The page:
How to compare solar panels
Solar panels are the main part of your solar energy system, turning the sunlight into energy that your home can use. Solar panels can vary widely, with different sizes, performance, and quality standards. If you’re looking for the right solar panels for your home system, you will need to understand what sets them apart from each other. Solar panels can be compared in many different ways, although their specifications can provide the clearest way.
Solar Panel Specifications:
The specifications listed on the datasheets of solar panels will give a lot of information about your solar panels. These can include performance metrics such as PTC Power Rating, Efficiency percentage. Some specifications show a panel’s performance over time and in varying conditions. These are the degradation rate and temperature coefficient. We’ll explain what these specifications mean, and how they relate to a solar panel’s performance and reliability.
PTC Power Ratings
PTC Power Rating is a measurement of a solar panel’s power output in watts. Generally, solar panels are measured using STC (Standard Test Conditions). Although these measurements are done under lab conditions which are unrealistic when considering real-world use. Here in the U.S., the PTC (PVUSA Test Conditions) rating is commonly used, as the way power output is measured is more realistic, and better reflects real-world use. Some states even use PTC ratings to calculate rebates. If your solar panel doesn’t have a PTC rating, a rough way of figuring it out is by taking 10-15% off the STC rating.
Solar panels are the main part of your solar energy system, turning the sunlight into energy that your home can use
This specification will detail how well your solar panels can convert sunlight into direct current. This amount will be given as a percentage, with most solar panels having about 15-20% efficiency. Any panels over 20% efficiency can be considered as high-efficiency panels. Generally, higher efficiency panels are smaller than less efficient ones. This is important when considering the physical space your solar panels will take up on your property.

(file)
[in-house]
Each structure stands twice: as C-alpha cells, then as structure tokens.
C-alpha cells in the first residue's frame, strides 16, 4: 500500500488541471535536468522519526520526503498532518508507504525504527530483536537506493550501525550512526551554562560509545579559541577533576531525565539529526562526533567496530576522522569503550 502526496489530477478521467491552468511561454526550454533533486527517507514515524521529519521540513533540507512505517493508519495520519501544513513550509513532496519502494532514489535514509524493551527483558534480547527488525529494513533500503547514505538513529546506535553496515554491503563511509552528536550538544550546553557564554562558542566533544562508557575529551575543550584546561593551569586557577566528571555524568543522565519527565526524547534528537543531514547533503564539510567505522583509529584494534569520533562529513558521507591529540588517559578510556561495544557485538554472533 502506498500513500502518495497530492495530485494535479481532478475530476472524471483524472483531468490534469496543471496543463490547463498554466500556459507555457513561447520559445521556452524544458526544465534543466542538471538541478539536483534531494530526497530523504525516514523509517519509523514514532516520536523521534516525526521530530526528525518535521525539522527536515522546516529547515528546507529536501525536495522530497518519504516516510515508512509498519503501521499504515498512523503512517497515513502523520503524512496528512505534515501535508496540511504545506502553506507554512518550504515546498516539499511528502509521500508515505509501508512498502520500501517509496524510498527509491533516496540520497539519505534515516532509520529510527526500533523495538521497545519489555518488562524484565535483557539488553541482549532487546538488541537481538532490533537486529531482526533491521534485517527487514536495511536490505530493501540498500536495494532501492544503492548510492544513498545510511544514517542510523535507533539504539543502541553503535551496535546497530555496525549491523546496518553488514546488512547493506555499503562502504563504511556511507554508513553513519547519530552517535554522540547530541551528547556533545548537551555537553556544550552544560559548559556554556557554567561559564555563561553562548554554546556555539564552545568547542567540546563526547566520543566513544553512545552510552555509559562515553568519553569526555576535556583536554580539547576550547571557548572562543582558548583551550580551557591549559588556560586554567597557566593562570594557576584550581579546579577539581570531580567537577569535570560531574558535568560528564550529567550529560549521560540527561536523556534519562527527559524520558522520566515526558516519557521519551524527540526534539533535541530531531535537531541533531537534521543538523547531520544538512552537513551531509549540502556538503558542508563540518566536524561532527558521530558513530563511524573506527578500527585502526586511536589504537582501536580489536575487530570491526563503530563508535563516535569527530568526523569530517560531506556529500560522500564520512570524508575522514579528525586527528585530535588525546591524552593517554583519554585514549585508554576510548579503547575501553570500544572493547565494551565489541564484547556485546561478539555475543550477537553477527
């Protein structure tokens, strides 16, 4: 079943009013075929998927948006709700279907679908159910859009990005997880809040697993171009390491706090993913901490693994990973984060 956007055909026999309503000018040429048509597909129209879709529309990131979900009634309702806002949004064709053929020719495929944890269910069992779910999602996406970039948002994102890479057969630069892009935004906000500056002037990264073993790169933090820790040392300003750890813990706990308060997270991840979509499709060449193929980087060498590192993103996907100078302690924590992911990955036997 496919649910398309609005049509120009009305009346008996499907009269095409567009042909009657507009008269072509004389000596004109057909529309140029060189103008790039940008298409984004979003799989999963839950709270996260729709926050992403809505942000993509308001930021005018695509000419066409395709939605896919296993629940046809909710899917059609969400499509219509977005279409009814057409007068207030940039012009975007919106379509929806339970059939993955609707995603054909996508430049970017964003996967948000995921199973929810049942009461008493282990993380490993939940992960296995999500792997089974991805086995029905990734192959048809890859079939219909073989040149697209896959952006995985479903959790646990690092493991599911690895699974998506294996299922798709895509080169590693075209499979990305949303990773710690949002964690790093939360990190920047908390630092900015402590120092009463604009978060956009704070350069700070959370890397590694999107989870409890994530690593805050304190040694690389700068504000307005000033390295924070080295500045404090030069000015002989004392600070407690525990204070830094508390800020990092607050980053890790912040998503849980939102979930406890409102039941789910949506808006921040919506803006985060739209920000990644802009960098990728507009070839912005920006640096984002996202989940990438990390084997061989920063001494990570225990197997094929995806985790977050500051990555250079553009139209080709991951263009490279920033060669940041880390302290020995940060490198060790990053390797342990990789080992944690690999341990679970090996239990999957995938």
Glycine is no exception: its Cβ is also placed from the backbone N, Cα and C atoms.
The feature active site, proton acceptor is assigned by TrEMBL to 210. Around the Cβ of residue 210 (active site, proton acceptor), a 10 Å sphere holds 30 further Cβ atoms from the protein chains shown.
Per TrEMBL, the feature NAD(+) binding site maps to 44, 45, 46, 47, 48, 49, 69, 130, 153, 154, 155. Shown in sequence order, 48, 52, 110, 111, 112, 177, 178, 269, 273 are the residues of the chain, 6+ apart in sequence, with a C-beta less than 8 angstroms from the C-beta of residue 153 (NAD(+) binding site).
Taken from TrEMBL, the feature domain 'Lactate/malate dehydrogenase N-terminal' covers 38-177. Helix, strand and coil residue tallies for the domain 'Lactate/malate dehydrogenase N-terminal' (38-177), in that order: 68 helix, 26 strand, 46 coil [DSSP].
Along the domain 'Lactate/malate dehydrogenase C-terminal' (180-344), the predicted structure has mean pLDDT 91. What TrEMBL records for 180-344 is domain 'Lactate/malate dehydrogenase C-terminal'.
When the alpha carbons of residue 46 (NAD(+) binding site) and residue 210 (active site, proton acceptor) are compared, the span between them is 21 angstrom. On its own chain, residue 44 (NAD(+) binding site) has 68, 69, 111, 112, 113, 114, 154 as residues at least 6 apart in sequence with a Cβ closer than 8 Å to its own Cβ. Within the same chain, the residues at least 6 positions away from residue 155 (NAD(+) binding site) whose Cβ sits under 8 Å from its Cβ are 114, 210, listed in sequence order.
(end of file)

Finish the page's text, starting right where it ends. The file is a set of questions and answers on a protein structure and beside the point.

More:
The performance of your solar panels will degrade over their lifespan. This degradation will generally be seen as a drop in its average performance. Datasheets can detail the degradation rate of a panel with a graph or will note expect percentage degradation in performance. The degradation rate for a quality solar panel should be below 1% each year it operates.
Temperature affects the performance of your solar panels, just like any electronic device. The performance of your solar panels goes down when the temperature goes up. The effects of temperature on a specific panel are listed as the temperature coefficient. These coefficients are stated as the percentage of the power value / °C. These affected power values can include Power Max (Pmax), Voltage at open circuit (Voc), or Short circuit current (lsc). The lower the coefficient, the better your panels can perform under heat, which is especially important during summers and in hotter climates.
Other ways to compare solar panels
Aside from performance metrics, there are other ways to compare the solar panels that are available on the market:
The manufacturer of a solar panel can give you an idea of the quality and performance of a solar panel. Just like any product a solid, reputable manufacturer will produce a high-quality product that will work as intended. It’s also important when considering warranties on your solar panels in case of failures. They will provide proper customer service and support to make sure you as a customer are well taken care of. Researching manufacturers can help you decide between different brands on offer.
You may also be considering the look of your solar panels, as they will be a part of your property. Solar panels come in different shapes, sizes, and colors. Solar panel colors tend to be either black or dark blue, although new panel colors are becoming available. You can also consider the different case colors that differ from panel colors. The busbars of a solar panel can differ between models and manufacturers. These are the different visual characteristics that differ between solar panels.
Manufacturers will provide warranties on their solar panels. These warranties cover defective panels as well as performance over time. Defective panel warranties can last up to five years of operation. Performance warranties will ensure that your panel performance won’t degrade below a certain level over a certain period. This is generally stated as the peak power output not falling before a specific percentage over how many years. This can also come in the form of an additional higher output warranty for a shorter amount of time, with a higher percentage. These are important when considering the lifespan and maintenance of your solar panels and solar energy system. A properly functioning solar energy system will last you decades.
With all of these points in mind, you should still ask regarding your solar panel options and which ones would be best suited for your needs and budget. As this will directly relate to the performance of your solar energy system and the savings you can net over time. We offer high-quality solar panels brands from reputable manufacturers. We also provide free installation, zero upfront cost, and a service and parts warranty you can trust to be around for the next 25 years.